I’m looking forward to being apart of another wild and raunchy compendium of screwed up stories about screwed up things. While I can’t speak to what the other authors have contributed and what strange topics they have dived into, my story is my own take on the ever popular nerdy vampire sub genre. Well, just because you haven’t heard of this sub genre doesn’t mean it isn’t popular. Well, it might still be a bit of an underground revolution in the making, but I swear it’s gonna be huge someday!
So I’ll be sure to add links once the book is available for purchase, but for now, feast your eyes on the very shiny, purty cover of this latest edition of Tall Tales with Short Cocks.
Review of David Dunwoody’s “The Harvest Cycle”
The Harvest Cycle is an Apocalyptic tale which takes place fifty years since the first harvesters appeared, boiling up from the sea to claim as many human lives as they possibly can for a far distant god who wishes to consume the dreams of mankind. The creatures-fast, silent monsters with claws that can slice through anything, including the skulls of its victims, have come many times since then, driving the remains of humanity into hiding far beneath the surface of the earth. Those that survive have chosen to either surgically remove the part of their brains that the harvesters are compelled to devour, or they decide to remain uncut retaining their ability to think creatively and to dream by those who have lost so much with the mutilation of their brains (and souls as well). In addition to the horrors of the harvesters, humanity must also avoid the ‘synths’ or robots that were once loyal servants to humanity that realized during the first harvest the endless nightmarish hell that awaits those humans in the afterlife whose brains are devoured by harvesters. They are on a mission of mercy to kill all of humanity to save them from this horrible fate.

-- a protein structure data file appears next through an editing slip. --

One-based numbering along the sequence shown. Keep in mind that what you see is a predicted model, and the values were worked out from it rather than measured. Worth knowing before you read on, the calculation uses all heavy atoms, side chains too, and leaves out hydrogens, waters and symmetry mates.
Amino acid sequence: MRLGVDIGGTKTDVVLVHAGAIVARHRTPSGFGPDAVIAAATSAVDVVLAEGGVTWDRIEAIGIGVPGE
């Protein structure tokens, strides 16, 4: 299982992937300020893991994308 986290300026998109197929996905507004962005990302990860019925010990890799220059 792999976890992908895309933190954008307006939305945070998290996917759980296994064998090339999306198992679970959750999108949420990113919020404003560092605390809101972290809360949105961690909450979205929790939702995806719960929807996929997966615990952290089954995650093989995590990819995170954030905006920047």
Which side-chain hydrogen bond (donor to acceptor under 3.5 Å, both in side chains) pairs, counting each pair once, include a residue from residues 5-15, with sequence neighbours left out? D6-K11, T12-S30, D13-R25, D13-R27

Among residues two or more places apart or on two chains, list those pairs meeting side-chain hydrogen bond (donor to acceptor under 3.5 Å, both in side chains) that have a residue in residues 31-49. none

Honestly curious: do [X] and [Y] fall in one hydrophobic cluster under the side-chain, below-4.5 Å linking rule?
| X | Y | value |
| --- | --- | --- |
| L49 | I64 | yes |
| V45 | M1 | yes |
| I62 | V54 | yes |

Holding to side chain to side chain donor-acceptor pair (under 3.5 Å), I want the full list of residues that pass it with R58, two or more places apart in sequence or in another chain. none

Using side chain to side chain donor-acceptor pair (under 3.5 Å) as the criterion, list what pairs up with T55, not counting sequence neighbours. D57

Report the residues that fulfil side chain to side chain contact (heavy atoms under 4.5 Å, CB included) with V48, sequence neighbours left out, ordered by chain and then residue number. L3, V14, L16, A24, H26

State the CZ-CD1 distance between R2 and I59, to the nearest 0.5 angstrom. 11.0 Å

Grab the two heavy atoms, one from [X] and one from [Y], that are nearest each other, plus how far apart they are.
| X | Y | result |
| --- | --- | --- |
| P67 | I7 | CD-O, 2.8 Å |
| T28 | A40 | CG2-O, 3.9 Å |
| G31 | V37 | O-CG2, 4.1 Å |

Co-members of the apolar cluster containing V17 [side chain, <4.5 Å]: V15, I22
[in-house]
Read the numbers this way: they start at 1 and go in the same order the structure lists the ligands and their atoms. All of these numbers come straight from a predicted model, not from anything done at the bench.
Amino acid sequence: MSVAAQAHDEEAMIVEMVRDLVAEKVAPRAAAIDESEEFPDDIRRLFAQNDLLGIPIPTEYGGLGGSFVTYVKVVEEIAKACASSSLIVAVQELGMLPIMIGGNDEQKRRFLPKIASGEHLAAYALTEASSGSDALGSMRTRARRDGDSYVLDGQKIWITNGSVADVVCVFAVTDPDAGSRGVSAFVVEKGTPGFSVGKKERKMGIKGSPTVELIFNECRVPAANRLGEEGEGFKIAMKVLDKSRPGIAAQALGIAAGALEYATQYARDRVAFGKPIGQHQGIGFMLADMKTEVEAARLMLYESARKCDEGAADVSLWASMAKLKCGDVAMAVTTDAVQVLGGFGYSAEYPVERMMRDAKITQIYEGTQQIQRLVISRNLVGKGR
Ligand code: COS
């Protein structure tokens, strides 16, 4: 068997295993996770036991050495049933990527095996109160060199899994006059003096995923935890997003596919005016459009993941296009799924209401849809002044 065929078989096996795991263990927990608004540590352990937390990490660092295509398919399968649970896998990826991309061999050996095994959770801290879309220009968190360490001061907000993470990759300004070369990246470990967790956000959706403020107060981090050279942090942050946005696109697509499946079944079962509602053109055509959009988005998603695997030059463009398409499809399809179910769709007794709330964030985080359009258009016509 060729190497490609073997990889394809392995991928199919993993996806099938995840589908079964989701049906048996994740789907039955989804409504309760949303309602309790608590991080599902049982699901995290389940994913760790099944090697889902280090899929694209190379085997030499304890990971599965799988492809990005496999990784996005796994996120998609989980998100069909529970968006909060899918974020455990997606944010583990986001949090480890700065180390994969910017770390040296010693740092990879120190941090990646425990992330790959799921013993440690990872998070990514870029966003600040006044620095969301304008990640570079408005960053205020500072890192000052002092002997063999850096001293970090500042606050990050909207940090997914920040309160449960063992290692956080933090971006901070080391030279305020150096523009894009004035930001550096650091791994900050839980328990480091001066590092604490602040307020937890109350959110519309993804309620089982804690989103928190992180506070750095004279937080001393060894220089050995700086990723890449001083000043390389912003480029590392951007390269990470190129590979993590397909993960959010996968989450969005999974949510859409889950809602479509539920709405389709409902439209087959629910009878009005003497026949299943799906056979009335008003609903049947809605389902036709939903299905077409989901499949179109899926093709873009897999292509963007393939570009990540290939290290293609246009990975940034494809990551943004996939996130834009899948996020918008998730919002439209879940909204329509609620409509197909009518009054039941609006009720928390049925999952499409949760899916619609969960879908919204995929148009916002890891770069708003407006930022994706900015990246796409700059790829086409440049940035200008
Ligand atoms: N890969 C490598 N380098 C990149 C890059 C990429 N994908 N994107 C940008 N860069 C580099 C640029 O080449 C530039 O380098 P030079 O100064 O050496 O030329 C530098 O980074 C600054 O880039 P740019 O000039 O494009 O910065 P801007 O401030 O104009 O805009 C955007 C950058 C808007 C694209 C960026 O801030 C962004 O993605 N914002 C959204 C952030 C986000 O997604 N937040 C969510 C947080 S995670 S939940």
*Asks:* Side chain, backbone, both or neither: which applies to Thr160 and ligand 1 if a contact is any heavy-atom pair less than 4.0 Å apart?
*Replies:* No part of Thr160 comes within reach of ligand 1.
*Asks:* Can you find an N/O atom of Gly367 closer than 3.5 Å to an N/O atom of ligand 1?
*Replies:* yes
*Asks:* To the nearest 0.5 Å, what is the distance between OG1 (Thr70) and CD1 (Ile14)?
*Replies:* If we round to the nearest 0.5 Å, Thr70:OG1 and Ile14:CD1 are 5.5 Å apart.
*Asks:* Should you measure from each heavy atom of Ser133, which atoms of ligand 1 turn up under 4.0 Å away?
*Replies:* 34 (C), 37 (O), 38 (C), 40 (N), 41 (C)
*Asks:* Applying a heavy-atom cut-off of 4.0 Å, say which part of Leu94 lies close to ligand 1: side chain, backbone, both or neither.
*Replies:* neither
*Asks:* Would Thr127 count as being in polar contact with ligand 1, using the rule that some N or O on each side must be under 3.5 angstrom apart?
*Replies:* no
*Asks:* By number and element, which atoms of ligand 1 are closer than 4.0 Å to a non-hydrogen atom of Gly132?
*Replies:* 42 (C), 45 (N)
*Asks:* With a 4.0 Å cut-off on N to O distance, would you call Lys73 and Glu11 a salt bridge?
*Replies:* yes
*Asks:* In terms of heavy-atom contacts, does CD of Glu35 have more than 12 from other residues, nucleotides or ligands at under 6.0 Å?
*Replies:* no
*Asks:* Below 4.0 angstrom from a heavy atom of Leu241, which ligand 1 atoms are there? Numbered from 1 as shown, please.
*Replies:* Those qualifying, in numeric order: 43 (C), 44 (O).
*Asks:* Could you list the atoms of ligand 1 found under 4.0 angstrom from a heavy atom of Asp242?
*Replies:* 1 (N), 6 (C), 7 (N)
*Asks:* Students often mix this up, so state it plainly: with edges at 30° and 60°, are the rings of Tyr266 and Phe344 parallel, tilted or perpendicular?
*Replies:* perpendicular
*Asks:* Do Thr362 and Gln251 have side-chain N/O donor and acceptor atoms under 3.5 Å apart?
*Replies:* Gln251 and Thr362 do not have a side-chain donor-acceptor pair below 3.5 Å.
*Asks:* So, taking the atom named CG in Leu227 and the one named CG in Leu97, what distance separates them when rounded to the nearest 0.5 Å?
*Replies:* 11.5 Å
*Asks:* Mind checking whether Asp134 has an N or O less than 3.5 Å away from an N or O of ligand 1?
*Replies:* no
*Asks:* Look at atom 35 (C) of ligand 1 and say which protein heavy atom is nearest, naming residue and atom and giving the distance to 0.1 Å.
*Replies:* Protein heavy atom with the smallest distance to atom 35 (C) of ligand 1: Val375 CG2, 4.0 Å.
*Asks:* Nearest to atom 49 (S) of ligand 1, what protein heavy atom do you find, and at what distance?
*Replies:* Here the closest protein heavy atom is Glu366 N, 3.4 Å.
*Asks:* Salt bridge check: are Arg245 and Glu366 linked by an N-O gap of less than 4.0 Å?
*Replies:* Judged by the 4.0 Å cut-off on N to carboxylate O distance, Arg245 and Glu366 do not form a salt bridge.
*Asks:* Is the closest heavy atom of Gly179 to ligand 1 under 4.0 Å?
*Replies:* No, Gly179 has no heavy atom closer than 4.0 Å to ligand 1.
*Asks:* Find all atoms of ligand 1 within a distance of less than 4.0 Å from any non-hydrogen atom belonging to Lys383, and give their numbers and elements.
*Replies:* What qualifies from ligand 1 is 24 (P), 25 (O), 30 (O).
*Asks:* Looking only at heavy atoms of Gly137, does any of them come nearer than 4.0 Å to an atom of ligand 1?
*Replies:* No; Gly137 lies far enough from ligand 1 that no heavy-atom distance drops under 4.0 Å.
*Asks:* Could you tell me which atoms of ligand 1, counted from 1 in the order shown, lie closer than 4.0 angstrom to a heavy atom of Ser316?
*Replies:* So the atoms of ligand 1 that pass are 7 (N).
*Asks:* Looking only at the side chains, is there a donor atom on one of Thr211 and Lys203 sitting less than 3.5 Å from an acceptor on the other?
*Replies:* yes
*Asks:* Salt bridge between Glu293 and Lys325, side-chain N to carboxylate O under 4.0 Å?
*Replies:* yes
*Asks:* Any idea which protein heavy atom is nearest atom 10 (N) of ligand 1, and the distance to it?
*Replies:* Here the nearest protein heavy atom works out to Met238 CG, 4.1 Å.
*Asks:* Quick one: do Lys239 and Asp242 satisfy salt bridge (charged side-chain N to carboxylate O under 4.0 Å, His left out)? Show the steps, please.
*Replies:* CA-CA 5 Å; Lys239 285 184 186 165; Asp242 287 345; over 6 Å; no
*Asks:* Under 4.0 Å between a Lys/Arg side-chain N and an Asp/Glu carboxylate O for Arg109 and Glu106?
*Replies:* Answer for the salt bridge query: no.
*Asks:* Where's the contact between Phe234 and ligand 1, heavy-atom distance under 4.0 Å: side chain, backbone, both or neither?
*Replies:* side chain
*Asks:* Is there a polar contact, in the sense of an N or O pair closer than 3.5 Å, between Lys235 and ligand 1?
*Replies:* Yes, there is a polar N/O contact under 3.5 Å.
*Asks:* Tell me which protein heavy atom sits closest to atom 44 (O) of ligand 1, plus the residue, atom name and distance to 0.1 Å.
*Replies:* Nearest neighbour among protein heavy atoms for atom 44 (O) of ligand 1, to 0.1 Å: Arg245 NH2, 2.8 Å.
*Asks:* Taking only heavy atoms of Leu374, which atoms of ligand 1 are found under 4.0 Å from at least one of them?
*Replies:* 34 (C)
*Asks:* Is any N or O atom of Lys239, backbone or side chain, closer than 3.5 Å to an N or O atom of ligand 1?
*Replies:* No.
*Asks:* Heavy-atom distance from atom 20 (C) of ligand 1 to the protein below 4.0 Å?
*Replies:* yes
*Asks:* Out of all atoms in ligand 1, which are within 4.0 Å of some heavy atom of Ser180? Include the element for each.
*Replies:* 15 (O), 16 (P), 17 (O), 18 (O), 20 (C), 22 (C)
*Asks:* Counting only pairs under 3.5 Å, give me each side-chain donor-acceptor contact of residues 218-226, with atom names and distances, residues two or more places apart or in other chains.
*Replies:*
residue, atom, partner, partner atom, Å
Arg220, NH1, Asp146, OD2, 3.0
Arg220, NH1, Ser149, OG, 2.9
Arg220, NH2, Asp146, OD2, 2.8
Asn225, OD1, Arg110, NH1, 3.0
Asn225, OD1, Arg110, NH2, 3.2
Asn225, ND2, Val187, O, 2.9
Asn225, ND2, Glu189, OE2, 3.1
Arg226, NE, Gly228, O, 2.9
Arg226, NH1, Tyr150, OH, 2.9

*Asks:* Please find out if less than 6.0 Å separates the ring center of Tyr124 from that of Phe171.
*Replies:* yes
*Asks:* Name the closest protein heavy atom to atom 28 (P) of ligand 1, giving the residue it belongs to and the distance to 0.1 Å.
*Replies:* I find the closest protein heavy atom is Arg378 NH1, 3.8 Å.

The story begins when a group of dreamers, led by a hopeful visionary along with a woman who is psychically linked to the nightmare god who created the harvesters and craves humanity’s dreams, go on a quest with the hope of somehow destroying the harvesters. Pursued by a police officer named Jack DiVinci, one of the soulless survivors who has a secret that allows him to still be creative and dream, as well as a squad of robots on a search and destroy mission.
David Dunwoody’s latest novel mixes elements of Lovecraft’s Cthulhu mythos, Asimov’s robots (with the authors unique twist on the Laws of Robotics…or more specifically, the zeroth law that Asimov added last: A robot may not harm humanity, or, by inaction, allow humanity to come to harm), and a slight hint of noir with Jack DiVinci, a man who believes what he is doing is saving the human race, despite his own doubts on what it means to be saved.
This is one of the more unique visions of the apocalypse that I’ve ever read, with plenty of madness and mayhem to go around, plus plenty of gore and a high body count to boot. Dunwoody has this knack for making a story gruesome, horrifying, and yet totally accessible. He has no fear when it comes to pushing the reader’s buttons-not just with who he is willing to torture and maim, but with how the universe he creates works. It isn’t always pretty, and sometimes it feels like I was being beaten senseless by the brutality of what happens in this tale, but there is beauty here too-hope that humanity can somehow overcome its own vile failings and perhaps persevere against impossible odds.